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The supply chain for traditional meat is buckling, and plant-based alternatives from companies like Impossible Foods...The supply chain for traditional meat is buckling, and plant-based alternatives from companies like Impossible Foods and Beyond Meat are filling the void.
This story was delivered to Business Insider Intelligence Digital Health Briefing subscribers earlier this morning. To...This story was delivered to Business Insider Intelligence Digital Health Briefing subscribers earlier this morning. To get this story plus others to your inbox each day, hours before they're published on Business Insider, click here. Rx.Health — the digital health startup spun out of Mount Sinai Health System — has crafted a telehealth toolkit to help connect docs from US hospitals with digital solutions that could help them better prepare for and contend with the coronavirus pandemic, MedCity News reports. Rx.Health's digital health hub includes digital triage platforms, tools that help spot high-risk patients, and platforms that enable virtual consultations and remote monitoring. Rx.Health usually charges hospitals a fee to use its platform, but it's temporarily waiving those fees in light of the coronavirus pandemic. Telehealth has been lauded as a potential balm to contain the spread of the coronavirus in the US — but traditional health firms may need outside help to facilitate implementation of digital tools: Telehealth adoption is set to skyrocket as the coronavirus has more patients seeking care from their homes. Public health officials are touting "social distancing" as a means of preventing the spread of the coronavirus, and government organizations including the CDC are encouraging patients to seek medical treatment and advice virtually. Because many patients will have no other choice — and because traditional provider firms are lengthening their lists of virtual offerings amid the pandemic — we expect to see the needle move on telehealth adoption, which has remained meager among US adults. Even within the first couple of months of the virus' existence in the US, telehealth firms are seeing impressive growth: California-based PlushCare reported a 40% uptick in appointments since December — compared with the usual 10% spike in visits during flu season. US hospitals are prepping to become inundated with patients as the coronavirus worsens — so they'll likely need the help of digital health firms to implement effective tech solutions that could ease the burden. Hospitals nationwide are preparing for the number of potential, severe coronavirus cases to outpace the number of hospital beds in intensive care units (ICUs) available, according to The Boston Globe. As they prep to contend with this crisis, it may prove difficult to simultaneously instate novel telehealth programs, especially for smaller hospitals that may not have a strong tech infrastructure in place. And products like Rx.Health's — which streamlines the process of wading through options — will become more need-to-have to help facilitate tech implementations for a workforce that's already stretched thin. The coronavirus is opening up partnership opportunities for digital health firms and health systems — and we think these relationships will last beyond the pandemic. Rx.Health is acting as an intermediary between digital health companies and hospitals, partnering with digital health providers that want to get their products into the hands of doctors: For example, it tied up with Redox — a startup that seeks to speed up the sharing of patient health records — and clinical voice assistant company Suki — which has shown to slash time associated with note-taking, an onerous admin task for clinicians. Landing on Rx.Health's toolkit should pave the way for digital health firms to forge ties with overburdened hospitals that turn to these solutions for relief amid the coronavirus crisis — and these partnerships likely won't get shelved after the pandemic dies down. Telehealth companies, especially, could be slated for continued uptake, considering the coronavirus has had private and government-sponsored insurers modifying virtual care reimbursement and access policies. Want to read more stories like this one? Here's how to get access: Business Insider Intelligence analyzes the healthcare industry and provides in-depth analyst reports, proprietary forecasts, customizable charts, and more. >> Check if your company has BII Enterprise membership access. Sign up for the Digital Health Briefing, Business Insider Intelligence's expert email newsletter tailored for today's (and tomorrow's) decision-makers in the healthcare industry, delivered to your inbox 6x a week. >> Get Started Explore related topics in more depth. >> Visit Our Report Store Current subscribers can log in to read the briefing here. Join the conversation about this story »
Goldman Sachs just announced its first partnership for transaction banking as it looks to build a new $1 billion business moving money around the world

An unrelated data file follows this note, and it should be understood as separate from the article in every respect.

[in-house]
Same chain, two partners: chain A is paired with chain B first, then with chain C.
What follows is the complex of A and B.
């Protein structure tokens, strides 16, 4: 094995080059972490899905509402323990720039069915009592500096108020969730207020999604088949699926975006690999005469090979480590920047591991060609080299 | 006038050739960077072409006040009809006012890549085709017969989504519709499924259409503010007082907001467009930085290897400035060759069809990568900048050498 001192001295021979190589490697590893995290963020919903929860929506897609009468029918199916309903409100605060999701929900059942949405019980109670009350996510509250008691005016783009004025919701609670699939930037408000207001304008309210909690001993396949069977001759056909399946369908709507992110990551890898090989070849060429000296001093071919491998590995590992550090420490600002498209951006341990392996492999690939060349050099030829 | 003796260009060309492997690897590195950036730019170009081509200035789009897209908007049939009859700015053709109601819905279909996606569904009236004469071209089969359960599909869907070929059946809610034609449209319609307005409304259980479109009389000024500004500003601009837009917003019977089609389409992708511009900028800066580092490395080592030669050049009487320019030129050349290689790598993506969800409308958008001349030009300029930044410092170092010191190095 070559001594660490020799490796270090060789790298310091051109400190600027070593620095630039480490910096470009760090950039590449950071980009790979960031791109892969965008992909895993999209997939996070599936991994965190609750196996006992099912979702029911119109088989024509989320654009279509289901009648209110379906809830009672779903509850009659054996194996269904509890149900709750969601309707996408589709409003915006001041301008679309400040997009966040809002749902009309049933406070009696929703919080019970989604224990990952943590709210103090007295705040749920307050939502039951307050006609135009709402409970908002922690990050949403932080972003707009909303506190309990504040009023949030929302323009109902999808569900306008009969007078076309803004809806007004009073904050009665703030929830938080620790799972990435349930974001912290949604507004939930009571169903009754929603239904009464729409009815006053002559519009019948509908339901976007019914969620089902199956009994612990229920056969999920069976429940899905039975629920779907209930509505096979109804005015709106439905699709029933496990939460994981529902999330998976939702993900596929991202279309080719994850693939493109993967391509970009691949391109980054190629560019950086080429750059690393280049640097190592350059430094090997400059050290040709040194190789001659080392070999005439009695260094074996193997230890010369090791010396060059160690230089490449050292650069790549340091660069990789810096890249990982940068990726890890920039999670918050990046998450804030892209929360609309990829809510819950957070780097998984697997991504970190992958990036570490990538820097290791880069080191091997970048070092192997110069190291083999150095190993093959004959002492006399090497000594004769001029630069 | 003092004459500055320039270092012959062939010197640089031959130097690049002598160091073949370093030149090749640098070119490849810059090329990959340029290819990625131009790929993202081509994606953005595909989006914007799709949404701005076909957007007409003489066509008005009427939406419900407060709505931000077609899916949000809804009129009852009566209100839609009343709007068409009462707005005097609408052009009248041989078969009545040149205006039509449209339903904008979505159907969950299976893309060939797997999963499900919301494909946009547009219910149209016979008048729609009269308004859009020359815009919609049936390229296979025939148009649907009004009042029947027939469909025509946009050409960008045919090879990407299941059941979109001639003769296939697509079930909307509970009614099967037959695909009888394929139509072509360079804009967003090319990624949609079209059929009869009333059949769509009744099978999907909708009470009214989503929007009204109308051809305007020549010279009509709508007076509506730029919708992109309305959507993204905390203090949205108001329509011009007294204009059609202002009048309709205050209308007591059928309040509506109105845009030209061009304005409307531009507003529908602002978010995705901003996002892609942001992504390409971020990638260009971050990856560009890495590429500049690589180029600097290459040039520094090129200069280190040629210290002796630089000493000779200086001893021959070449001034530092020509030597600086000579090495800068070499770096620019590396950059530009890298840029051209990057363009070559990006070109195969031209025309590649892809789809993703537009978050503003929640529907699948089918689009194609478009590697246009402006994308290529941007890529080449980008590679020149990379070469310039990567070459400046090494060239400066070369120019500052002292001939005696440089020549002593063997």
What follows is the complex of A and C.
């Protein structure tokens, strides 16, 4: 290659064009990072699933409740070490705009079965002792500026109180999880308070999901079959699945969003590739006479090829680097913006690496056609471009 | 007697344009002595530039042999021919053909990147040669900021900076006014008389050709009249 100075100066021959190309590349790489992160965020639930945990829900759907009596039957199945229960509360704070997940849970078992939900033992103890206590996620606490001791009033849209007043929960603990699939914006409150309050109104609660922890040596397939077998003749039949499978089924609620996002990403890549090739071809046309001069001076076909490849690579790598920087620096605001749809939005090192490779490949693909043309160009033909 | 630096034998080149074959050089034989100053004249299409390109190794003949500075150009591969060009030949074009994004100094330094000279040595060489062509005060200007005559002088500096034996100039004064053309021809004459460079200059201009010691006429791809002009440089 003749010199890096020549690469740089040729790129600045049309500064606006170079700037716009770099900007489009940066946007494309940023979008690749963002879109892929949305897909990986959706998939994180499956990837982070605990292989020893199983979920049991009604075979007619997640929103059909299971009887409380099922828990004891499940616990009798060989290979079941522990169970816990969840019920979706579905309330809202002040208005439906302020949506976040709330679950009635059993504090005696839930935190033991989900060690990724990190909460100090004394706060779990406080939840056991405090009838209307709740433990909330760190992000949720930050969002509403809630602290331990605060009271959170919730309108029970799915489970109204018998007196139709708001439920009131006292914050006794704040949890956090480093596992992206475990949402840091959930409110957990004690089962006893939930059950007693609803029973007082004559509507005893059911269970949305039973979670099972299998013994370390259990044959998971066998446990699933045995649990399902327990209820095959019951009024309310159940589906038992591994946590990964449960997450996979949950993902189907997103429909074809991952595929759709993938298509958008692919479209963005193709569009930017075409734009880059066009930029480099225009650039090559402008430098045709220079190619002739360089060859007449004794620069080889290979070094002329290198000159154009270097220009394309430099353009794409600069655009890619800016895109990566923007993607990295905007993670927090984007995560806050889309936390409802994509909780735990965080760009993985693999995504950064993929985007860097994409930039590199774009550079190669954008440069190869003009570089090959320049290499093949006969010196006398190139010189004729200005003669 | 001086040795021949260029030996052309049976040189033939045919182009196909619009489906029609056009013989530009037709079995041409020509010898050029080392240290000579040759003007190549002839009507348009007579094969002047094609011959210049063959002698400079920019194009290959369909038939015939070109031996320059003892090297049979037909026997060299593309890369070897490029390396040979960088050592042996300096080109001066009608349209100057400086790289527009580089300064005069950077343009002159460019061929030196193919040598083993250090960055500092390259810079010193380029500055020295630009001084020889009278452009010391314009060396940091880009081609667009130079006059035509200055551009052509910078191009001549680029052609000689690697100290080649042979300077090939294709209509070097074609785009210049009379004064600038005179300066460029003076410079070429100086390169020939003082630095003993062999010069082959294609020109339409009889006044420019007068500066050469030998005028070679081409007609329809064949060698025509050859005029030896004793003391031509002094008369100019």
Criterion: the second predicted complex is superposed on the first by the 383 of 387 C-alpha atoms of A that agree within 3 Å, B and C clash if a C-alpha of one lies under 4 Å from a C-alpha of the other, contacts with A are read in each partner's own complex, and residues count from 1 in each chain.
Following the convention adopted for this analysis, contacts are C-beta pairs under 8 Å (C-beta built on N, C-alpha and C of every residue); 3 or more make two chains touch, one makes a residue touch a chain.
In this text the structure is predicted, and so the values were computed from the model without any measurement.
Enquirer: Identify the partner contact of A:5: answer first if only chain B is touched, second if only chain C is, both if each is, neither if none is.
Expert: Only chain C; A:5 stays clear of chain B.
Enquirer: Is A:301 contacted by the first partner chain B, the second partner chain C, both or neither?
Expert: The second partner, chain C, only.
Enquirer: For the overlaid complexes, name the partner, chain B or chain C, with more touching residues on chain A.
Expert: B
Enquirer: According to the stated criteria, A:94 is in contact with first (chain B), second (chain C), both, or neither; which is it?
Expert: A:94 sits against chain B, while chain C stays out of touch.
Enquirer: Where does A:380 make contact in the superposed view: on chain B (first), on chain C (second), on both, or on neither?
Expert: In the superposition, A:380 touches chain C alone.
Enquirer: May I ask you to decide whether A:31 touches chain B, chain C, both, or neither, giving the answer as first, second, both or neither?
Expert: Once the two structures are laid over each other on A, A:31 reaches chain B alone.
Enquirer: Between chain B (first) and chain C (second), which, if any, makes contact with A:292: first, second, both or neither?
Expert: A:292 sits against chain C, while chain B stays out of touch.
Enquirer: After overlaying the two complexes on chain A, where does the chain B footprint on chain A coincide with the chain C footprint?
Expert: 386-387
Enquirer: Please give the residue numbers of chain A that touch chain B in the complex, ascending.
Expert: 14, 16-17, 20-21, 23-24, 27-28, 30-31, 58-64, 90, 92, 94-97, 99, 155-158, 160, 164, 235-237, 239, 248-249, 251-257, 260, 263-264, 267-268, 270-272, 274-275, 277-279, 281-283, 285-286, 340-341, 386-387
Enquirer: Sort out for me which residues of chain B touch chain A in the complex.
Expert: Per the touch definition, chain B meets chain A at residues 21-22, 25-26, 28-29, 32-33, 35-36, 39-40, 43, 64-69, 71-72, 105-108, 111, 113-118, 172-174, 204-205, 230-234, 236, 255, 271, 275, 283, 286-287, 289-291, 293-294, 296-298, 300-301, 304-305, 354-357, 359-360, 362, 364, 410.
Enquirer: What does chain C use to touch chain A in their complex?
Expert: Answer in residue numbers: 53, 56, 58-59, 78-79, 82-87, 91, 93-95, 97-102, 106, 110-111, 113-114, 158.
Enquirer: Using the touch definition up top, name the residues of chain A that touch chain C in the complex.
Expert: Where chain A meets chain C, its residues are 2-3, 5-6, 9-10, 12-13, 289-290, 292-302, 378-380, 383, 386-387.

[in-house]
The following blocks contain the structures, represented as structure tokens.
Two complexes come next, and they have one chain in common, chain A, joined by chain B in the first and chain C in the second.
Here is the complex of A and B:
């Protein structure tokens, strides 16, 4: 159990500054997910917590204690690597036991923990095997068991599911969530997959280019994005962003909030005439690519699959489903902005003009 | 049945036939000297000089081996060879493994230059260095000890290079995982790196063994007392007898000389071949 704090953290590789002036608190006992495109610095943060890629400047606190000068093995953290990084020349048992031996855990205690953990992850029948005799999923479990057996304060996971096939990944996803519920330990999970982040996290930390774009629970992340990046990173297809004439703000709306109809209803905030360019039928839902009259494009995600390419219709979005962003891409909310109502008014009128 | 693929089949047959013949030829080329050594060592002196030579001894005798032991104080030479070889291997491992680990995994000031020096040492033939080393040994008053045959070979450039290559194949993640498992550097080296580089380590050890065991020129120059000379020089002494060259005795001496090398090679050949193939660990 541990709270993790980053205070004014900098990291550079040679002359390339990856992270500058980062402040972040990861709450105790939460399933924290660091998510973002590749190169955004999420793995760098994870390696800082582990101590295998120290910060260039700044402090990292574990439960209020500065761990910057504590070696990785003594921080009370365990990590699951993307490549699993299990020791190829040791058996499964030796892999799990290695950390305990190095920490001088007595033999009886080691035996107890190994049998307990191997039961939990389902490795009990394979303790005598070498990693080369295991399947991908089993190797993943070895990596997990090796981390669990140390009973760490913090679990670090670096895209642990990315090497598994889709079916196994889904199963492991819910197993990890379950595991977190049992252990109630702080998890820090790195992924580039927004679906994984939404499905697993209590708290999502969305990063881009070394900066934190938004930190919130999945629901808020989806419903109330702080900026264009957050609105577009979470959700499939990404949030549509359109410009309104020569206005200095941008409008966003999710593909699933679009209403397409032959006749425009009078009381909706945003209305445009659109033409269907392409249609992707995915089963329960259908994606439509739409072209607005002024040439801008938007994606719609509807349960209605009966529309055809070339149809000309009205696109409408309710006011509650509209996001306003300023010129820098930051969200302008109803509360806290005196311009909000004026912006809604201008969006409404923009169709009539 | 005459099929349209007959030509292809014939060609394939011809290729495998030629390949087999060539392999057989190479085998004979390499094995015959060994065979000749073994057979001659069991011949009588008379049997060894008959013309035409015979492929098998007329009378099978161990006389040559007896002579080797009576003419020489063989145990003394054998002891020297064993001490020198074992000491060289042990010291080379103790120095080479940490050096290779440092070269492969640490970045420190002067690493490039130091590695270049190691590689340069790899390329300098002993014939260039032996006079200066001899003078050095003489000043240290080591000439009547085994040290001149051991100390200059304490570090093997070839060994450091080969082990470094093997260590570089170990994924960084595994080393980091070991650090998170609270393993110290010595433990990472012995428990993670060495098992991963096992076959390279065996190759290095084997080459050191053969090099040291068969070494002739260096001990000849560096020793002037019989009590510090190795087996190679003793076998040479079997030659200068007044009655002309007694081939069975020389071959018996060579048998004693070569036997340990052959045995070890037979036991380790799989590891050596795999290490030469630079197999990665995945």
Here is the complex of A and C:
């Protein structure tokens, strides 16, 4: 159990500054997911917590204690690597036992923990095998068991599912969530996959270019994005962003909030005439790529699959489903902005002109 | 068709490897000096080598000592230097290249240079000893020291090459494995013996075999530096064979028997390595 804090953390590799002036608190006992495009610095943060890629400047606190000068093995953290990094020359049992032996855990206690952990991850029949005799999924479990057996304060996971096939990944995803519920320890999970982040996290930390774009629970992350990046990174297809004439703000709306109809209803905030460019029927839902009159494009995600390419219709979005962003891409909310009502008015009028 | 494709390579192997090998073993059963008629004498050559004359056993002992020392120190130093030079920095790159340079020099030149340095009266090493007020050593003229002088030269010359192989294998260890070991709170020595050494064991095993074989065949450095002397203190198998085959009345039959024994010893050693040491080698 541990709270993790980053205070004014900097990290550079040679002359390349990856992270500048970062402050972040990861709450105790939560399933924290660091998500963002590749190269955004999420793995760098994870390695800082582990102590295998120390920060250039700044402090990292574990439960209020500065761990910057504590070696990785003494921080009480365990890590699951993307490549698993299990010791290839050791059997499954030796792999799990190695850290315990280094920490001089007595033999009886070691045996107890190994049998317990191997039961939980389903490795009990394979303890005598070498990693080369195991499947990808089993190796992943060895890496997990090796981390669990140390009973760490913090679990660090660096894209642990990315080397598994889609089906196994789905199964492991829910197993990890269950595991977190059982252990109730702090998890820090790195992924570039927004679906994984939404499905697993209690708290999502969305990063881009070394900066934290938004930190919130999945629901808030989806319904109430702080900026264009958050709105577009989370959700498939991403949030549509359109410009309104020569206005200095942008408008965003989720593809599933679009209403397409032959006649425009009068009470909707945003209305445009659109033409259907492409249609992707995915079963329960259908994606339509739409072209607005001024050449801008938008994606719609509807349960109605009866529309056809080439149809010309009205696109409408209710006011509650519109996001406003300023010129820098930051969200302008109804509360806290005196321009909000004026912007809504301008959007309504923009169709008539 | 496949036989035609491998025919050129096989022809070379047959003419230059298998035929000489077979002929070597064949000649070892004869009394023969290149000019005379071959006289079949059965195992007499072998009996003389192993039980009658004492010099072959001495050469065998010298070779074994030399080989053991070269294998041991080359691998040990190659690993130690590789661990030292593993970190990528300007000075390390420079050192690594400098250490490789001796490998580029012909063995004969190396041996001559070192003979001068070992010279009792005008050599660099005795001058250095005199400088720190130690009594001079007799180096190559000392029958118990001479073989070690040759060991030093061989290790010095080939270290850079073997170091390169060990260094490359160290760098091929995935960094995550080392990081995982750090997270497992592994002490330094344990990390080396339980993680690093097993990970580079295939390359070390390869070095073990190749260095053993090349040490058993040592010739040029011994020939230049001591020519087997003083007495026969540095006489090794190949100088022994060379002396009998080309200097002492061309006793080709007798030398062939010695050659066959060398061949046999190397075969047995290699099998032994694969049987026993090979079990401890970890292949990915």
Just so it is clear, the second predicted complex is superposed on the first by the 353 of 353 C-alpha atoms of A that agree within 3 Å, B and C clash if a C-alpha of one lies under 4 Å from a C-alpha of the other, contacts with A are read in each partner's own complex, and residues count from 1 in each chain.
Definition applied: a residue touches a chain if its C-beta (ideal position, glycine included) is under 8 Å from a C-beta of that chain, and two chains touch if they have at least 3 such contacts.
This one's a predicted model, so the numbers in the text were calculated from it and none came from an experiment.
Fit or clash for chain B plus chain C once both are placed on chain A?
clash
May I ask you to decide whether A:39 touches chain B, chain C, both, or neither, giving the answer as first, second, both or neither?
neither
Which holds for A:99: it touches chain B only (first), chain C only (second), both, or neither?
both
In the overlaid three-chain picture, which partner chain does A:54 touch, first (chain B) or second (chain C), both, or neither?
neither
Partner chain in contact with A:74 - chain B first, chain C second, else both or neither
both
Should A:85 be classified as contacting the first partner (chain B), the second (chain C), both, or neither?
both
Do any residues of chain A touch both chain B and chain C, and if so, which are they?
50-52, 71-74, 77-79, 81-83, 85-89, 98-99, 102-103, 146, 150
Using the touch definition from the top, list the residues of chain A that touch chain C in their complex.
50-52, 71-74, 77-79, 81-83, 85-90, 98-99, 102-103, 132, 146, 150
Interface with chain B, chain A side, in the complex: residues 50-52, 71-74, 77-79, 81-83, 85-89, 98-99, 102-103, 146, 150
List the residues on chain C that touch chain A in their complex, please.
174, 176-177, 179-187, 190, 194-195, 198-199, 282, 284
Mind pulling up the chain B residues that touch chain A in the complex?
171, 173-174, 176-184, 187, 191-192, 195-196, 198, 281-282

Goldman Sachs has announced a partnership with SAP to offer cross-border payments functionality on the German...Goldman Sachs has announced a partnership with SAP to offer cross-border payments functionality on the German tech giant's Ariba Network, which matches corporate purchasers with their vendors. The partnership is the first to be made public from Goldman's nascent transaction banking business, which it began building just 13 months ago. Goldman can offer one-click functionality and transparent prices thanks to the way it built the business, using APIs, based in the cloud, with a digital-first mentality. Goldman has been looking to build stickier sources of revenue to lessen a reliance on more episodic investment banking fees such as those from its underperforming trading arm. Visit Business Insider's homepage for more stories. Goldman Sachs just announced the first partner for its fledgling transaction-banking business, inking a deal to handle cross-border payments for clients of SAP, the German enterprise tech giant. Goldman will help customers of SAP's Ariba Network to pay bills in 125 currencies, offering them one-click functionality and a transparent fee structure, according to a statement and interviews with senior executives at both firms. The tie-up is the latest evidence of Goldman's attempts to redefine itself as a commercial bank. The company has been looking to build stickier sources of revenue to lessen a reliance on more episodic investment banking fees such as those from its underperforming trading arm. The strategy – which also includes a digital consumer bank, a mass market wealth management offering, and a credit card – has elicited widespread skepticism from investors and analysts who question if the firm can successfully pivot its 150-year old franchise. In transaction banking, it's going after a business that's been dominated for decades by the likes of Citigroup, HSBC and JPMorgan. And yet Goldman CEO David Solomon expects to generate $1 billion from the business by 2025. He wants to have $50 billion in deposits on behalf of clients. A new middleman In partnering with SAP, Goldman is stepping into the middle of an Ariba Network that connects corporate purchase officers with the vendors that supply them goods and services. In doing so, it's significantly simplified the user experience, according to Hari Moorthy, the Goldman partner who runs the business. "With the click of a button, we take a direct integration with Ariba to process the payment and process the FX in one singular transaction," Moorthy said. "The client gets complete transparency on where is the payment and how much they have paid for that service. We do the whole thing in one single process." Sean Thompson, an executive vice president at SAP, explained how that integration is different than how it's been done in the past. "Historically that has meant that treasuries had to do their own system and they've had to do what I call the swivel-chair integration, which is a human being that's sitting in a chair going from one system, swiveling over and entering information into another system," he said. And yet, Goldman's competitive advantage is probably its ability to offer its expertise in financial markets to lower prices for converting payments from US dollars into other currencies, according to Thompson. "The special sauce is their intellectual capital in how to drive down the cost of cross-border payments and foreign currency hedging," said Thompson. "That results in a lower cost of doing cross-border payments." Goldman joins a growing list of banks offering their services on SAP's network, including Standard Chartered's trade financing, and the ability to use credit card rails through Barclays and Discover, Thompson said. Ariba facilitates tens of billions of dollars in cross-border payments each year, a chunk of the more than $3 trillion in transactions that cross the platform. Friday meditation sessions spur innovation Goldman and SAP have a relationship that traces back decades to the firm's founding in the early 1970s, according to the bank. More recently, Goldman represented SAP in its $2.4 billion acquisition of Callidus Software in 2018. Goldman is also a big customer of SAP's technology. Ryan Limaye, a partner and co-head of global TMT banking, helped make the introduction to SAP's top execs, according to a spokesman. While the SAP integration is a bespoke arrangement, Goldman has built the business so it can do many customized solutions for different clients relatively easily, Moorthy said. That's enabled by some of the very same techniques that Goldman has used elsewhere in the company to gain digital advantage – services built and hosted entirely in the cloud, driven by application programming interfaces, or APIs, and designed to be digital-first and nimble. Moorthy has overseen a relatively rapid build out, growing a team of roughly 320 employees within Goldman Sachs' investment banking division just since the end of 2018 when he joined from JPMorgan. He reports to division co-heads Gregg Lemkau and Dan Dees. Like some of Goldman's other digital-first efforts, Moorthy has been allowed to foster a culture within a culture. Every Friday, he hosts a meditation session for his staff on the 27th floor of the bank's Manhattan headquarters. A practitioner of 27 years, Moorthy credits the meditation sessions with helping his team to come up with ideas. Years ago, when Goldman was building its digital consumer bank Marcus, execs credited weekly standing huddles, relaxed dress codes and writing on the walls with bringing a more relaxed vibe to the larger Goldman population, known for its stuffy shirts and white-shoe roots. Goldman was the first client of the fledgling operation. Between last July, when it was turned on for Goldman, and today, the firm has processed more than $5 trillion in payments. It's on pace to save the firm something like $100 million by not having to pay fees to other banks. The bank disclosed during its investor day in January that it was already working with 20 clients. All told, US large corporations spend about $70 billion each years on these services, Moorthy said. And they're looking for some new service offerings. "The number one feedback they had given us is make it simple, make it easy, make it operationally less manual and make bank fees and costs transparent," Moorthy said. "Which implies none of those are true today."SEE ALSO: Goldman Sachs just unveiled hundreds of slides laying out the future of the company. Here are the 10 crucial slides that show how it plans to transform into a bank for everyone. SEE ALSO: Goldman Sachs has lost at least 54 partners since David Solomon became CEO. We're keeping a running list — and compiling details from insiders about how the exits are being celebrated. Join the conversation about this story » NOW WATCH: WeWork went from a $47 billion valuation to a failed IPO. Here's how the company makes money.